Lucas v. Li'l General Stores, No. 14

Docket NºNo. 14
Citation221 S.E.2d 257, 289 N.C. 212
Case DateJanuary 29, 1976
CourtUnited States State Supreme Court of North Carolina

Page 257

221 S.E.2d 257
289 N.C. 212
Ola Blanton LUCAS, widow of Leonard M. Lucas, Deceased, Employee.
LI'L GENERAL STORES, a Division of General Host Corporation,
Employer, andLiberty Mutual Insurance Company, Carrier.
No. 14.
Supreme Court of North Carolina.
Jan. 29, 1976.

Basil L. Whitener and Anne M. Lamm, Gastonia, for plaintiff.

Mullen, Holland & Harrell, P.A., by James Mullen, Gastonia, for defendants.

LAKE, Justice.

It is well settled that to be entitled to maintain a proceeding for compensation under the Workmen's Compensation Act the claimant must have been an employee of the alleged employer at the time of his injury, or, in case of a claim for death benefits, the deceased must have been such an employee when injured. Hicks v. Guilford County, 267 N.C. 364, 148 S.E.2d 240; Askew v. Tire Co., 264 N.C. 168, 141 S.E.2d 280; Richards v. Nationwide Homes, 263 N.C. 295, 139 S.E.2d 645; Hayes v. Elon College, 224 N.C. 11, 29 S.E.2d 137. Otherwise, the Act simply has no application to the claim. Thus, the existence of the employer-employee relationship at the time of the accident is a jurisdictional fact. Notwithstanding G.S. 97--86, the finding of a jurisdictional fact by the Industrial Commission is not conclusive upon appeal even though there be evidence in the record to support such finding. The reviewing court has the right, and the duty, to make its own independent findings of such jurisdictional facts from its consideration of all the evidence in the record. Hicks v. Guilford County, supra; Askew v. Tire Co., supra; Richards v. Nationwide Homes, supra. The claimant has the burden of proof that the employer-employee relation existed at the time the injury by accident occurred.

The Workmen's Compensation Act, in G.S. 97--2(2), defines the term 'employee,' as used in the Act, as follows:

'The term 'employee' means every person engaged in an employment under any appointment or contract of hire [289 N.C. 219] or apprenticeship, express or implied, oral or written, including aliens, and also minors, whether lawfully or unlawfully employed, but excluding persons whose employment is both casual and not in the course of trade, business, profession or occupation of his employer * * *.'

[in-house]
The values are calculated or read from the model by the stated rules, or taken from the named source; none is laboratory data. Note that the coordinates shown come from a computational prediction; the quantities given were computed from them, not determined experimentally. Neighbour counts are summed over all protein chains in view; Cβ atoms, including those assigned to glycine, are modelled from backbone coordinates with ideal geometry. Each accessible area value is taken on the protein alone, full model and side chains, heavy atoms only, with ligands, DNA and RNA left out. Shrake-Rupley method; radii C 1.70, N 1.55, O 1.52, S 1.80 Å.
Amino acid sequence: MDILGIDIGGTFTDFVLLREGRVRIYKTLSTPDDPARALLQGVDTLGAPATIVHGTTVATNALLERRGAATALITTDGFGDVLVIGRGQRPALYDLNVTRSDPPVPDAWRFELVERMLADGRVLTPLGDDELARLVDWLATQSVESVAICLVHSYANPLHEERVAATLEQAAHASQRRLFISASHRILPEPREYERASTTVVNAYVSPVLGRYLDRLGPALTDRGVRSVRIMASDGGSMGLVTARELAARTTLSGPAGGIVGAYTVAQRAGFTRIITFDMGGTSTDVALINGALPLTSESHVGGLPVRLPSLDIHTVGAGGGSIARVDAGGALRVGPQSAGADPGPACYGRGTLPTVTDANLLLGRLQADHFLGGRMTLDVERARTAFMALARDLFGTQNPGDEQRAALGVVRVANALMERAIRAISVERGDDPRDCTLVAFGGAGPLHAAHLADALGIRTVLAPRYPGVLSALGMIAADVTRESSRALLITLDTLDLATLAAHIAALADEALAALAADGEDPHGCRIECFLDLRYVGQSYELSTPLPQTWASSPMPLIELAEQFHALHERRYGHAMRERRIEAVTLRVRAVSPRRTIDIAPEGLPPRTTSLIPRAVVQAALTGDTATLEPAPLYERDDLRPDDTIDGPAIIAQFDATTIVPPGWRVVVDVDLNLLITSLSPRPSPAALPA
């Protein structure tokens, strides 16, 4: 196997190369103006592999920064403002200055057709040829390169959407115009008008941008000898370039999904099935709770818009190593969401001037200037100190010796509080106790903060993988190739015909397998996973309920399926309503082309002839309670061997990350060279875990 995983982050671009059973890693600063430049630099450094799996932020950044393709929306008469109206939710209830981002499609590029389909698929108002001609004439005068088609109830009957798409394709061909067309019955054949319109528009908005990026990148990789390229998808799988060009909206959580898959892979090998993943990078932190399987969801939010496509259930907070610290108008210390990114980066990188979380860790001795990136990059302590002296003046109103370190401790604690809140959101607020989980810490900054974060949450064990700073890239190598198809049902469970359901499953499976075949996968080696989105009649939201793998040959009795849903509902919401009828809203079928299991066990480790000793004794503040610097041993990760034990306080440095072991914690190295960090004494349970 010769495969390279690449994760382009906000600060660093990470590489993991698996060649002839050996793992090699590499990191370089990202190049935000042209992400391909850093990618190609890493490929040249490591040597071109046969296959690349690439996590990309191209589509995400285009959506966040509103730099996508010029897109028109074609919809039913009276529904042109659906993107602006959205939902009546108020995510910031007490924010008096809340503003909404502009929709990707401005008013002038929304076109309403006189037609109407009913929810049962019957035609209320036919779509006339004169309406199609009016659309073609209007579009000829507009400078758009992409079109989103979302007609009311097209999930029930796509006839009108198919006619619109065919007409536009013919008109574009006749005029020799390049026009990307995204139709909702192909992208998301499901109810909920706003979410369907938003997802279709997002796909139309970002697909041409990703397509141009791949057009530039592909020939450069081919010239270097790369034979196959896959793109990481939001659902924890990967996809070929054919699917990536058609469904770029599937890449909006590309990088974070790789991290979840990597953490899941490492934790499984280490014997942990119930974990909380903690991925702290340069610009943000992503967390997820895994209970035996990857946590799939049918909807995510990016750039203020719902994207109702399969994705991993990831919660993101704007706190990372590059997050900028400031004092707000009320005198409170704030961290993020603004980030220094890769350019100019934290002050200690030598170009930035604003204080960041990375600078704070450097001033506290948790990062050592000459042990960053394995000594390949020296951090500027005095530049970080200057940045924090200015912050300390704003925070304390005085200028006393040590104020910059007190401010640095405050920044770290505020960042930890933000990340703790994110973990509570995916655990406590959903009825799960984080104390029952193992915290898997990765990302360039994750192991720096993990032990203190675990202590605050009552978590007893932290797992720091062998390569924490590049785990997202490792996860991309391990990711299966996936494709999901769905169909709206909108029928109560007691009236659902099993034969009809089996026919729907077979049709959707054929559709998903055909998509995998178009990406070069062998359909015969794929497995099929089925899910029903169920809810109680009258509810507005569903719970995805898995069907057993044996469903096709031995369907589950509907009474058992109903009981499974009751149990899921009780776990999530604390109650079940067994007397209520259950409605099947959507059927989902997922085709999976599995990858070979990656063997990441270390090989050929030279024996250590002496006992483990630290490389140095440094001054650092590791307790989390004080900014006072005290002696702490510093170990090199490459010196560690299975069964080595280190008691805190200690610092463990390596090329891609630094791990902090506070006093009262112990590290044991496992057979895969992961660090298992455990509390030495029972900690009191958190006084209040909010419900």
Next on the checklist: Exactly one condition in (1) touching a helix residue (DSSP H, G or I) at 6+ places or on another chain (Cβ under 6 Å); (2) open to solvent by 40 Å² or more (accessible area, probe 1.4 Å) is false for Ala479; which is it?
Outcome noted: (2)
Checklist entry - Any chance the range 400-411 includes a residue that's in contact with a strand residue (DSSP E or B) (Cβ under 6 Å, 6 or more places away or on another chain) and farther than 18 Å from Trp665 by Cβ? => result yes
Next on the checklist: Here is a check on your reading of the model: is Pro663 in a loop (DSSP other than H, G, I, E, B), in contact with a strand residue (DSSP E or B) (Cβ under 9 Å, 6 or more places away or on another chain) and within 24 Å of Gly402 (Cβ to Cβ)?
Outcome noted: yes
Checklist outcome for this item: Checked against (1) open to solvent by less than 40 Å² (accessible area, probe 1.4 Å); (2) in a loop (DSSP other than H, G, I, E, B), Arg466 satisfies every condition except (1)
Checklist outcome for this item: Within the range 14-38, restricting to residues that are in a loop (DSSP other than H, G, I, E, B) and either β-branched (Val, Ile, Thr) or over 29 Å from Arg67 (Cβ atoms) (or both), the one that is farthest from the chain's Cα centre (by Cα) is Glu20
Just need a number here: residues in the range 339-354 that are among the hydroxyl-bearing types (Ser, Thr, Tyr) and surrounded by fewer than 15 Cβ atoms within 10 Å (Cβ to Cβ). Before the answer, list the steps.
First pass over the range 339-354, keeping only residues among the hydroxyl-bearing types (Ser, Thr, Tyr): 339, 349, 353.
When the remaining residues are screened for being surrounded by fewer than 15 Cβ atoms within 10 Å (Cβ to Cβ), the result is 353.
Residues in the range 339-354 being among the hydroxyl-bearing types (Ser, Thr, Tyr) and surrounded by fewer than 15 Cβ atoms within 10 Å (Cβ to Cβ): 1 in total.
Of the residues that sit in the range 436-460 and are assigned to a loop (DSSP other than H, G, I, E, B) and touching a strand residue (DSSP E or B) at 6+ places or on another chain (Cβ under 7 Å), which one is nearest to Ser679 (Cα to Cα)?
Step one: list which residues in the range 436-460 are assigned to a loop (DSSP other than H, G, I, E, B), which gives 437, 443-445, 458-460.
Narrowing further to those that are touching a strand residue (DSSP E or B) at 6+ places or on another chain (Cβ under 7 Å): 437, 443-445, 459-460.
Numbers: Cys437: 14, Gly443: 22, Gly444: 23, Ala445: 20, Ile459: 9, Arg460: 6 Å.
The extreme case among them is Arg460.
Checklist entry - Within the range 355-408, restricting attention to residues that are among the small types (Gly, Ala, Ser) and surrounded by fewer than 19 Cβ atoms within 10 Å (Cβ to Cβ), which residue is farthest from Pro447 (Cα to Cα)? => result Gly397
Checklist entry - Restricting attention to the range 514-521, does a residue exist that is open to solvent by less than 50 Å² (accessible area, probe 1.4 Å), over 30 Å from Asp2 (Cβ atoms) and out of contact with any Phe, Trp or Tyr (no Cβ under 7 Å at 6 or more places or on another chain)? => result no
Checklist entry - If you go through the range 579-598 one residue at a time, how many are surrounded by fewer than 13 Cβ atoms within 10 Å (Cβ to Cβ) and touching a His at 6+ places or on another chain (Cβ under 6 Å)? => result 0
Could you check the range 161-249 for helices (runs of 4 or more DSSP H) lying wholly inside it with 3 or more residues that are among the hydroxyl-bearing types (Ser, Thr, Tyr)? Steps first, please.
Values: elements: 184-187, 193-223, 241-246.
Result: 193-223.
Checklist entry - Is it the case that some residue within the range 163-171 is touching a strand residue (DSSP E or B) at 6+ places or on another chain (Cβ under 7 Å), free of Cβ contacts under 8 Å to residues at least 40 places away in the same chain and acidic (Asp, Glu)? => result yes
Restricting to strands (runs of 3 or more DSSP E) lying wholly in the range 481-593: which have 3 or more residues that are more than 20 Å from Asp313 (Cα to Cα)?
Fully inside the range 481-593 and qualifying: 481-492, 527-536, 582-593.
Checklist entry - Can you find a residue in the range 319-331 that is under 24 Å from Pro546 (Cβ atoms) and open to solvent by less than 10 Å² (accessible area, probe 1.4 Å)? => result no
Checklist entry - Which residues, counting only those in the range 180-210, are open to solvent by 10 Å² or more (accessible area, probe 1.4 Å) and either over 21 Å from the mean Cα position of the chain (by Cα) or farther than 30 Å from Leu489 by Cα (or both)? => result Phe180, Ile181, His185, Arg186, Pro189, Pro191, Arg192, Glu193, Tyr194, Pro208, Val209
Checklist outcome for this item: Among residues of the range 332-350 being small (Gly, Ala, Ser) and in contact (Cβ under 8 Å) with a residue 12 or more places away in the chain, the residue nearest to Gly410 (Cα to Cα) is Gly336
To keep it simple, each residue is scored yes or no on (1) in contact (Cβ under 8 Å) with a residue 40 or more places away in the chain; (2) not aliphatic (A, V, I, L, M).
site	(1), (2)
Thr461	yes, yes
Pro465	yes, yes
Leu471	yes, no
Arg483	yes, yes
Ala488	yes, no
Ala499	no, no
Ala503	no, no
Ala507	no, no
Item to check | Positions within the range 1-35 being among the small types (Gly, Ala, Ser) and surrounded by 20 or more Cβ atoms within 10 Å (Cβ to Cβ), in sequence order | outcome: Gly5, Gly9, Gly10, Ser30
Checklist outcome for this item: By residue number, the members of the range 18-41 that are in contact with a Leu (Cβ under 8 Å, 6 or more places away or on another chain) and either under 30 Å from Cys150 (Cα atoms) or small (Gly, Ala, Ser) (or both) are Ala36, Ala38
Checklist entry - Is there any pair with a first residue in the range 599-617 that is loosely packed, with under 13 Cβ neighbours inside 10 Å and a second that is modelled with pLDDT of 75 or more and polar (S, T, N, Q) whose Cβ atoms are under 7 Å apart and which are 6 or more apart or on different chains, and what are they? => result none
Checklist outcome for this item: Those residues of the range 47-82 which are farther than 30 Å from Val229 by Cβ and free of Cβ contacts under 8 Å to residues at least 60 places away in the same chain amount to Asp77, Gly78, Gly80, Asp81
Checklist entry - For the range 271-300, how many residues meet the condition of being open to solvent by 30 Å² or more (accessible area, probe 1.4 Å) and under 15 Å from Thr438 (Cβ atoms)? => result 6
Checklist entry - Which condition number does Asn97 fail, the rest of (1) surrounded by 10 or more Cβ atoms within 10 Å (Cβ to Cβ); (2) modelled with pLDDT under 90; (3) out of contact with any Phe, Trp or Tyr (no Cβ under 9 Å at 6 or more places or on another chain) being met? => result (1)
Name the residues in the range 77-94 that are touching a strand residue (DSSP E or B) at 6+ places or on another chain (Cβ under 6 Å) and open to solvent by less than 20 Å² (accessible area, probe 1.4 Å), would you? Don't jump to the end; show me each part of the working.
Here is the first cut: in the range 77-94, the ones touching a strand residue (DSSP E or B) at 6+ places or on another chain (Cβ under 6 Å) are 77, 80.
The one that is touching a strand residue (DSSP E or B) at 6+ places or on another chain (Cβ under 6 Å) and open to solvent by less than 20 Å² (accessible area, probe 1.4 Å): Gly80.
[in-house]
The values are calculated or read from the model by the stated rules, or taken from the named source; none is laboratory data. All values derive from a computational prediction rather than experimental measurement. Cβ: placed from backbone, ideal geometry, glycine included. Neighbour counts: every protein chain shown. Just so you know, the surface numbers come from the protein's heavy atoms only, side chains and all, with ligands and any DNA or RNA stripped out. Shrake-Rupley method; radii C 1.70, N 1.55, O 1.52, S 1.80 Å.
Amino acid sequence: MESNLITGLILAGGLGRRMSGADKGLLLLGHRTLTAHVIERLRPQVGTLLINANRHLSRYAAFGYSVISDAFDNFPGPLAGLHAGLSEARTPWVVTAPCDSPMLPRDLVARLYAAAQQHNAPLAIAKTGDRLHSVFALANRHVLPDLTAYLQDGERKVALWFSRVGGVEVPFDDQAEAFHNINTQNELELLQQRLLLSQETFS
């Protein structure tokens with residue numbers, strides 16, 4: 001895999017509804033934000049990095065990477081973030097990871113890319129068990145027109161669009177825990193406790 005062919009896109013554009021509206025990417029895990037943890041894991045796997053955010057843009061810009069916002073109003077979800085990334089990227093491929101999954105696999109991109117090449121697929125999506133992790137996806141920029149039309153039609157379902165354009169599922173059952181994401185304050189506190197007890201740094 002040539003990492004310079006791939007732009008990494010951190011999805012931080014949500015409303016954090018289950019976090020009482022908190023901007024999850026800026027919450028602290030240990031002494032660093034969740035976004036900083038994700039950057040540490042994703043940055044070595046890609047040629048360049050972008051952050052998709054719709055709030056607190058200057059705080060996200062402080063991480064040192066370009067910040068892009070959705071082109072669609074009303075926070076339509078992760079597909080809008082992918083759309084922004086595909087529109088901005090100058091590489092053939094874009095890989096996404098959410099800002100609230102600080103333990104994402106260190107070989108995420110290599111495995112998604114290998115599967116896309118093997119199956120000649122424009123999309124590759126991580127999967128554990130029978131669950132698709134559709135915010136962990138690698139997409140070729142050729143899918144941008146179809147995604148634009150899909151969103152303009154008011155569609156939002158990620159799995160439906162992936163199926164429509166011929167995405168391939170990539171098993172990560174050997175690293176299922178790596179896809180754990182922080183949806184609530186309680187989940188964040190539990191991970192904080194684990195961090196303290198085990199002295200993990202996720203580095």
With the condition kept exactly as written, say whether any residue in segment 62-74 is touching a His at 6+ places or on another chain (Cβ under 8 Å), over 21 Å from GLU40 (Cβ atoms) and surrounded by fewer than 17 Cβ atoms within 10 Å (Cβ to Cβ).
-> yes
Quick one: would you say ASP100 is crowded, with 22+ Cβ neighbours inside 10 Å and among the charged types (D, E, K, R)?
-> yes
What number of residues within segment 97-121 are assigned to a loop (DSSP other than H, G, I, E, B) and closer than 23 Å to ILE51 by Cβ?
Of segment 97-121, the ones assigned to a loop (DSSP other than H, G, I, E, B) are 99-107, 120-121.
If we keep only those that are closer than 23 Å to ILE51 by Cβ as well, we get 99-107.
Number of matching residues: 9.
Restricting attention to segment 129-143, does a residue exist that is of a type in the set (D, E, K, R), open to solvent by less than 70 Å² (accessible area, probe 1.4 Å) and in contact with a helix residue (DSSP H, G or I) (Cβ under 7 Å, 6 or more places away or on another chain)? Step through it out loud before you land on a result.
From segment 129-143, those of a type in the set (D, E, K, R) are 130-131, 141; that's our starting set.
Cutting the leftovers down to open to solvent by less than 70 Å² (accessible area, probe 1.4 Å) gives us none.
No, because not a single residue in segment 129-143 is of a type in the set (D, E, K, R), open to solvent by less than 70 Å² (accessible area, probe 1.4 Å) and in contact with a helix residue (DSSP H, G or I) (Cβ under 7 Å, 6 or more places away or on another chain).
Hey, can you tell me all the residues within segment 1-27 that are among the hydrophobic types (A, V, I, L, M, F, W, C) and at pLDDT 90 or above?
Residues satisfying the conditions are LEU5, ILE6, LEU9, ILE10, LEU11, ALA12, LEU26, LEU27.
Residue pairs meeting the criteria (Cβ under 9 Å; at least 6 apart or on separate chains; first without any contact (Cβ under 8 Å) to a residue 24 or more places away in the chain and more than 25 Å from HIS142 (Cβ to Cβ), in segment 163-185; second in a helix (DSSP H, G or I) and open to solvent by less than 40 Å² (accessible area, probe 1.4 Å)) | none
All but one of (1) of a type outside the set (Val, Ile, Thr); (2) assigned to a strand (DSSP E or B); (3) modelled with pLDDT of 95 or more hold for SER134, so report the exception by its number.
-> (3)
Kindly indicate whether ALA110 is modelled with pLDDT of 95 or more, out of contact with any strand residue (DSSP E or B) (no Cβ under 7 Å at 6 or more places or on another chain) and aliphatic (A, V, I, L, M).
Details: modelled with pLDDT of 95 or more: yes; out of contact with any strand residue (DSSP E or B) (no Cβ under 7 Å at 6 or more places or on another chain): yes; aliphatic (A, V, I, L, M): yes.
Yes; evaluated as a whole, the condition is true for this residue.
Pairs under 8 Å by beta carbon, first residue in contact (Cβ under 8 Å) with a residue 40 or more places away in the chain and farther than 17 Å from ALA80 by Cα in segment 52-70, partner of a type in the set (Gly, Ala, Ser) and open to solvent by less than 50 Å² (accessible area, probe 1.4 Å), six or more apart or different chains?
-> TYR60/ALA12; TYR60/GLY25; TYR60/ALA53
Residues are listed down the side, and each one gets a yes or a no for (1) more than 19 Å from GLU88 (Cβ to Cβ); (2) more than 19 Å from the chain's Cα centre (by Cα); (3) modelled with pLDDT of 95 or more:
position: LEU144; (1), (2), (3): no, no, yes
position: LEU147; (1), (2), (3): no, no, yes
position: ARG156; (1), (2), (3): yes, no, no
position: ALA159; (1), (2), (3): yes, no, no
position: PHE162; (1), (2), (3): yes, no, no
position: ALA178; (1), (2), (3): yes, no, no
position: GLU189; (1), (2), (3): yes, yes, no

This statutory definition adds nothing to the common law meaning of the term. Hayes v. Elon College, supra. As Chief Justice Stacy, speaking for the Court, said in Hollowell v. Department of Conservation and Development, 206 N.C. 206, 173 S.E. 603, 'An 'employee' is one who works for another for wages or salary, and the right to demand pay for his services from his employer would seem to be essential to his right to receive compensation under the Workmen's Compensation Act, in case of injury sustained by accident arising out of

Page 262

and in the course of the employment.' Whether this relationship existed at the time of the injury by accident is to be determined by the application of the ordinary common law tests. Richards v. Nationwide Homes, supra; Scott v. Lumber Co., 232 N.C. 162, 59 S.E.2d 425; Hollowell v. Department of Conservation and Development, supra.

In the present case, the Court of Appeals said: 'We find * * * that decedent was not an 'employee' within the meaning of the Workmen's Compensation Act. There being no employer-employee relationship, the Industrial Commission could not take cognizance of the claim. The order granting plaintiff's claim is reversed.' Having reviewed the entire record we concur in this finding and conclusion of the Court of Appeals.

It is clear from the evidence that had Mr. Lucas not been injured in the robbery, he would have had no enforceable claim against Li'l General Stores for compensation for any services rendered by him at the Carolina Avenue...

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